Sometimes it feels hard to be creative and other times it comes quite easily. The barometer for this may be the number of teeth marks in the pencil end as you sit there chomping away with not very much else happening. I recently saw a program by the BBC where it was surmised that mundane tasks or doing something that requires minimal thinking like taking a shower, or washing up allows the brain to be more creative. Whilst solving a creative problem or trying to come up with new ideas or solutions a mundane task allows the brain to meander around the thousands of kilometres of connections. Under pressure to be on task to do a job in hand, whilst sitting chewing the pencil in an attempt to be creative, forces the brain to concentrate and fast forward on the most direct route to the supposed answer, without paying attention to any other possible junctions along the way. In this instance if no solution comes to mind this presumably is the equivalent of writers block. In its simplest form less brain efficiency means more creativity.
I subscribe to this theory as ideas come more readily to me when I am watching TV in the evenings and I will just scribble them down for another time. Of course I do not mean whilst watching a film where it is critical to pay attention, and definitely not where subtitles are concerned! Even if the ideas are hardly legible, they at least have been captured and logged ready to work on properly in the morning. In the morning the need for that elusive idea forming creativity gives way to a more strategic approach and putting the idea to good use. Here the brain can concentrate fully and hopefully without too much distraction (except for the odd blog write up of course!).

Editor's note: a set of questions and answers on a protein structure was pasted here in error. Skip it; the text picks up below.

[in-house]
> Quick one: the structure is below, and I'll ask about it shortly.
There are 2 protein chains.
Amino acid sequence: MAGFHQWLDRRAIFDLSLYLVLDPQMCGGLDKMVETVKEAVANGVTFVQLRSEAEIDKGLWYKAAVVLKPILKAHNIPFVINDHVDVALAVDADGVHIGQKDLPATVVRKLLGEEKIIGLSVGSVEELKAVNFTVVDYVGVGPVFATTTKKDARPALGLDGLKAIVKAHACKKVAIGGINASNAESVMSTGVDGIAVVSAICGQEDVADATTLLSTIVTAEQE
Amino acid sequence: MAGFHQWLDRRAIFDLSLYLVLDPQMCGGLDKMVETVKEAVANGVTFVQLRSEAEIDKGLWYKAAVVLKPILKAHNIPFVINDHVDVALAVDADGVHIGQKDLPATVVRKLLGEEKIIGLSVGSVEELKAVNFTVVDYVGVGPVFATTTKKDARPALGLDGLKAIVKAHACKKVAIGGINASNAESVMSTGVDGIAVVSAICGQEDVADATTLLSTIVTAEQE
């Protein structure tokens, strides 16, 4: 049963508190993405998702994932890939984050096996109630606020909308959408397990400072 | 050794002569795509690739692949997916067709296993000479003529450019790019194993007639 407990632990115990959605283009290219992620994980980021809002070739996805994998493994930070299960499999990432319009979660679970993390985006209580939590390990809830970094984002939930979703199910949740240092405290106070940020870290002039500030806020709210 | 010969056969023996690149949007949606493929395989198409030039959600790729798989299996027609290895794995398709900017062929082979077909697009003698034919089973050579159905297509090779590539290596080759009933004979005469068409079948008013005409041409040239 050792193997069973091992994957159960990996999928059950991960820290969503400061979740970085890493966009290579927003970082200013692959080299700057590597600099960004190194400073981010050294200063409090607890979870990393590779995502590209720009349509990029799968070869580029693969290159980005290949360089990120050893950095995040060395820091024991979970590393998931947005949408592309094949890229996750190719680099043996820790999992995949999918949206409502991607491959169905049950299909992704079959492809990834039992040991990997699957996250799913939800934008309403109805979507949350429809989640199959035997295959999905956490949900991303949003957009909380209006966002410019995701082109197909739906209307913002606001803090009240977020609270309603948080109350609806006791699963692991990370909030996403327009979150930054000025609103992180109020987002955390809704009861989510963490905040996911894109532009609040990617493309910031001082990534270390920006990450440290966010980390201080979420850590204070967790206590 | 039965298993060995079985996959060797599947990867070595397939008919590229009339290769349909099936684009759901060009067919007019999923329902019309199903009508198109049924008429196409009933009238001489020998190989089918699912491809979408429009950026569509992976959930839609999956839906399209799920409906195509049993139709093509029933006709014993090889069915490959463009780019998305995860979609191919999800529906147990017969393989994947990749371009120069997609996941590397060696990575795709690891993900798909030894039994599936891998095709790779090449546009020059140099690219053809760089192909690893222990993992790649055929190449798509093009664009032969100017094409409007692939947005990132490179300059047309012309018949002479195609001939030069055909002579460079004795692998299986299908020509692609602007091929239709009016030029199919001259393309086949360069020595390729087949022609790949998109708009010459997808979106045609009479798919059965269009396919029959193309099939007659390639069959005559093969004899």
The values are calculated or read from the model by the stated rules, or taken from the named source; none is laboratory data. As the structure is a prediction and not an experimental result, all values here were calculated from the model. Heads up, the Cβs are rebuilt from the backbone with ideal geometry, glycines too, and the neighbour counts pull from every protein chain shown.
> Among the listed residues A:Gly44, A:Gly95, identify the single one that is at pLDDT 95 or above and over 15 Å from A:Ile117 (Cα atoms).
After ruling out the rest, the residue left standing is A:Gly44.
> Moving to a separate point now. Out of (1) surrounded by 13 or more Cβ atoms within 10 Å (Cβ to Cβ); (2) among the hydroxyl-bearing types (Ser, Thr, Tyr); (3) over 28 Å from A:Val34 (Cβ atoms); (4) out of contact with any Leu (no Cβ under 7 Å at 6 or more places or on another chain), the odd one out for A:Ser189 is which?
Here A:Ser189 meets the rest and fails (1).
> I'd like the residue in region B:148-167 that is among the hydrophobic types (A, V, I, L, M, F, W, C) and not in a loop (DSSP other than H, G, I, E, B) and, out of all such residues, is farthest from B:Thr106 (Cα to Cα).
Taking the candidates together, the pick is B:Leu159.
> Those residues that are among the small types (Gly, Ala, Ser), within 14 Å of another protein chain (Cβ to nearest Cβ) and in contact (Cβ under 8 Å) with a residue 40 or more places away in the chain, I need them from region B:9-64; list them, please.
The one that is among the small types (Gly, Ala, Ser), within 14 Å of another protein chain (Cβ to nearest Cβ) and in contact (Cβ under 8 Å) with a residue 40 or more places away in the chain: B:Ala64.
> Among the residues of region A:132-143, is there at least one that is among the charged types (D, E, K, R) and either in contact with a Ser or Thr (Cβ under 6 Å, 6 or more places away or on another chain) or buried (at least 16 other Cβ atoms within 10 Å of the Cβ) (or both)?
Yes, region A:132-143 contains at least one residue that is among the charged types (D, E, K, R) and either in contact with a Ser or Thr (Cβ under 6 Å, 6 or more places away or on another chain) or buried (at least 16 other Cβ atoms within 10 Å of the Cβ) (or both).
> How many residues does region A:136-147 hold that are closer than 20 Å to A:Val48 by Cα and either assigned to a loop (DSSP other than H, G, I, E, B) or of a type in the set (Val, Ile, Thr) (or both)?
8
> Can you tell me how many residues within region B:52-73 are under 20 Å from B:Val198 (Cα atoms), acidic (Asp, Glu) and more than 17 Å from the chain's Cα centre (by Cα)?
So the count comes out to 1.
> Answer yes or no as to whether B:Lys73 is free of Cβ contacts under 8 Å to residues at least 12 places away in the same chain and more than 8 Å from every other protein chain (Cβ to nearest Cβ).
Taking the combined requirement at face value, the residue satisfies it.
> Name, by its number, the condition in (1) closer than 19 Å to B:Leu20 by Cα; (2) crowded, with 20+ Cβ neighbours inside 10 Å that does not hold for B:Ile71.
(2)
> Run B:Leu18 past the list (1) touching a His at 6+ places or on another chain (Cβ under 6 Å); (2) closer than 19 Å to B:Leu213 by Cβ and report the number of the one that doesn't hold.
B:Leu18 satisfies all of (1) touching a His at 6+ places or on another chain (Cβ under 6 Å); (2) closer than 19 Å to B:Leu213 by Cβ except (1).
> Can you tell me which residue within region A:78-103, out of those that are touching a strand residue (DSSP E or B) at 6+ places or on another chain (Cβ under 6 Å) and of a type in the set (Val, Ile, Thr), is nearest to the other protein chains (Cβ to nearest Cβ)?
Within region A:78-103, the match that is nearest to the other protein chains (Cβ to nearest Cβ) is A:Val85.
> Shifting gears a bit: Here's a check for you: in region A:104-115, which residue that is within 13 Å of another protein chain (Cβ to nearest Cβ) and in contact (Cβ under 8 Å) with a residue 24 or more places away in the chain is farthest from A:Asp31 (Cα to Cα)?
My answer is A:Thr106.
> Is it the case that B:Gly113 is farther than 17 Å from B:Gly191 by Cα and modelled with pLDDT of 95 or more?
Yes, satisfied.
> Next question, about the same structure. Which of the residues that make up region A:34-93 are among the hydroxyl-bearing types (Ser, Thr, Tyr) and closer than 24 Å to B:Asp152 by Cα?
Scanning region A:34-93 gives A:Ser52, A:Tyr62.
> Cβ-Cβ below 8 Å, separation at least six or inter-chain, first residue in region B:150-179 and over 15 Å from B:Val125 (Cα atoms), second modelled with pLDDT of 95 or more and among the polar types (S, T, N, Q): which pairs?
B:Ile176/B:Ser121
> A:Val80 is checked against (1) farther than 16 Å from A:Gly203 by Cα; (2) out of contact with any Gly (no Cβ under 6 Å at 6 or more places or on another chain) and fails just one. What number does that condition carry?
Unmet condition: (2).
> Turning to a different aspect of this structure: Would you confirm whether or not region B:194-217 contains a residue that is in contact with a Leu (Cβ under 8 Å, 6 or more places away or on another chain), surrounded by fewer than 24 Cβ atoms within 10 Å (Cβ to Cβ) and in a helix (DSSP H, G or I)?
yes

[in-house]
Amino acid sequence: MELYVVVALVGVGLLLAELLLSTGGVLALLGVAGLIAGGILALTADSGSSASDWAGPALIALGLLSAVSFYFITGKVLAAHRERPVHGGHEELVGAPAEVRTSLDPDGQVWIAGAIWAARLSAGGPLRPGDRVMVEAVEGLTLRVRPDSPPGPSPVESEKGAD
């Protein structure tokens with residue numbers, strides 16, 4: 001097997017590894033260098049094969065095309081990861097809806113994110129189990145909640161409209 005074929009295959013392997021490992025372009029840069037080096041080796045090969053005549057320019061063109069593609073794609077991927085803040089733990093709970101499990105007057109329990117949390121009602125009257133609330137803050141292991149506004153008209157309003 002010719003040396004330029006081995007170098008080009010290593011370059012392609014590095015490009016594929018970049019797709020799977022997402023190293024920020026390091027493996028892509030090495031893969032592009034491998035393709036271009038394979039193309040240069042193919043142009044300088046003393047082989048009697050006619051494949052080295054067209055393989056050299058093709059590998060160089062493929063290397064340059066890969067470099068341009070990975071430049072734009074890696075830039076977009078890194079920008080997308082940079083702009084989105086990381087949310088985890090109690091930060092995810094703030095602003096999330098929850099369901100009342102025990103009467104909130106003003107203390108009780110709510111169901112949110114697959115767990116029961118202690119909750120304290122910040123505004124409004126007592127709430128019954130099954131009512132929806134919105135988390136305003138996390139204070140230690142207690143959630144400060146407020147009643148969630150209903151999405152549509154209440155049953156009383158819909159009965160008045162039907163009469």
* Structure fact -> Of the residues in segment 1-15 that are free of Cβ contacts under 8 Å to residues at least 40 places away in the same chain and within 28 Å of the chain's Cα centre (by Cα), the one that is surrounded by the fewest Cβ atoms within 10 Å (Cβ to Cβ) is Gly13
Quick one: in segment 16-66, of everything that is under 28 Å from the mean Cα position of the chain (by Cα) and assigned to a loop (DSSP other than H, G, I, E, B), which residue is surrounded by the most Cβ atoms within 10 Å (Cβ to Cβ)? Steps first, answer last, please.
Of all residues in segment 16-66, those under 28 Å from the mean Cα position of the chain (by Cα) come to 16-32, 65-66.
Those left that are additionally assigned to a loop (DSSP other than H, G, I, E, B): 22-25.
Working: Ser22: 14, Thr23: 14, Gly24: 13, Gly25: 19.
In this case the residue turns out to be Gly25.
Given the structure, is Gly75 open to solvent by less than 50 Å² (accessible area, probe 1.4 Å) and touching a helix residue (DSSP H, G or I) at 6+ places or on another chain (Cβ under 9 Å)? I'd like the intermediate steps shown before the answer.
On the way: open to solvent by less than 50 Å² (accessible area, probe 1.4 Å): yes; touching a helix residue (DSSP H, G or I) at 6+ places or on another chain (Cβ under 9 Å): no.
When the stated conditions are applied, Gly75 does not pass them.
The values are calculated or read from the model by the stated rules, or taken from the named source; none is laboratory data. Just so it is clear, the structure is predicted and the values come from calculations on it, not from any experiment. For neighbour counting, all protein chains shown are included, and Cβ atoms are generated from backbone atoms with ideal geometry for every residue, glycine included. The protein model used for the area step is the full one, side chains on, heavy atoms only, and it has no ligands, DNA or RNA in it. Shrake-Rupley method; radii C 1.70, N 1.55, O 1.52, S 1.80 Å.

BBC Article – Five Ways To Be More Creative
I once told an illustrator friend of mine that “green was best left to nature” I think she thought I was serious at the time, but for me it was probably true. The reason I said it was because I did not enjoy using green, or rather using green was not easy. On the other hand she uses green alot. Being a landscape artist using fine detail down to the smallest blade of grass she is a green expert. She is also good at growing plants so maybe the green fingers help.
There seems to be so many variations of green, is there any more shades of green than that of any other colour? I cannot imagine how one might find this out, I mean what is defined as a shade, I guess it must be more about spectrums? Information welcome, drop me an email.
Some people may believe that a certain colour does not suit them, but really what it is is they have not discovered the shade of that colour which will suit them. The problem with the usual clothes shops is that the colours on offer is limited to what is economic for them to produce. Settling for the nearest thing to the colour we would really like as a sometimes works for us, and sometimes it doesn’t, but don’t worry I wont say anything if you don’t!
Nowadays I have found the shades of green that I like. The strategy that works for me is to use colour mixing books such as The Art of Colour Mixing (John Lidzey etc) and identify the shades that I like and use them. This avoids the hazards of the subtleties of mixing an individual green and saves on alot of time with a fairly certain result. There are probably other books out there which have more variety on shades of a colour but this one suffices for me.
All those green pics I have included all from my garden just now, all outside, no part of my house interior is green so I stick to my original statement, that for me (if there is a choice) green is best left to nature!
And finally, brighten your day with a couple of minutes of BlackAdder’s Purest Green a favourite funny moment of mine where Lord Percy Percy discovers “a nugget of purest Green”.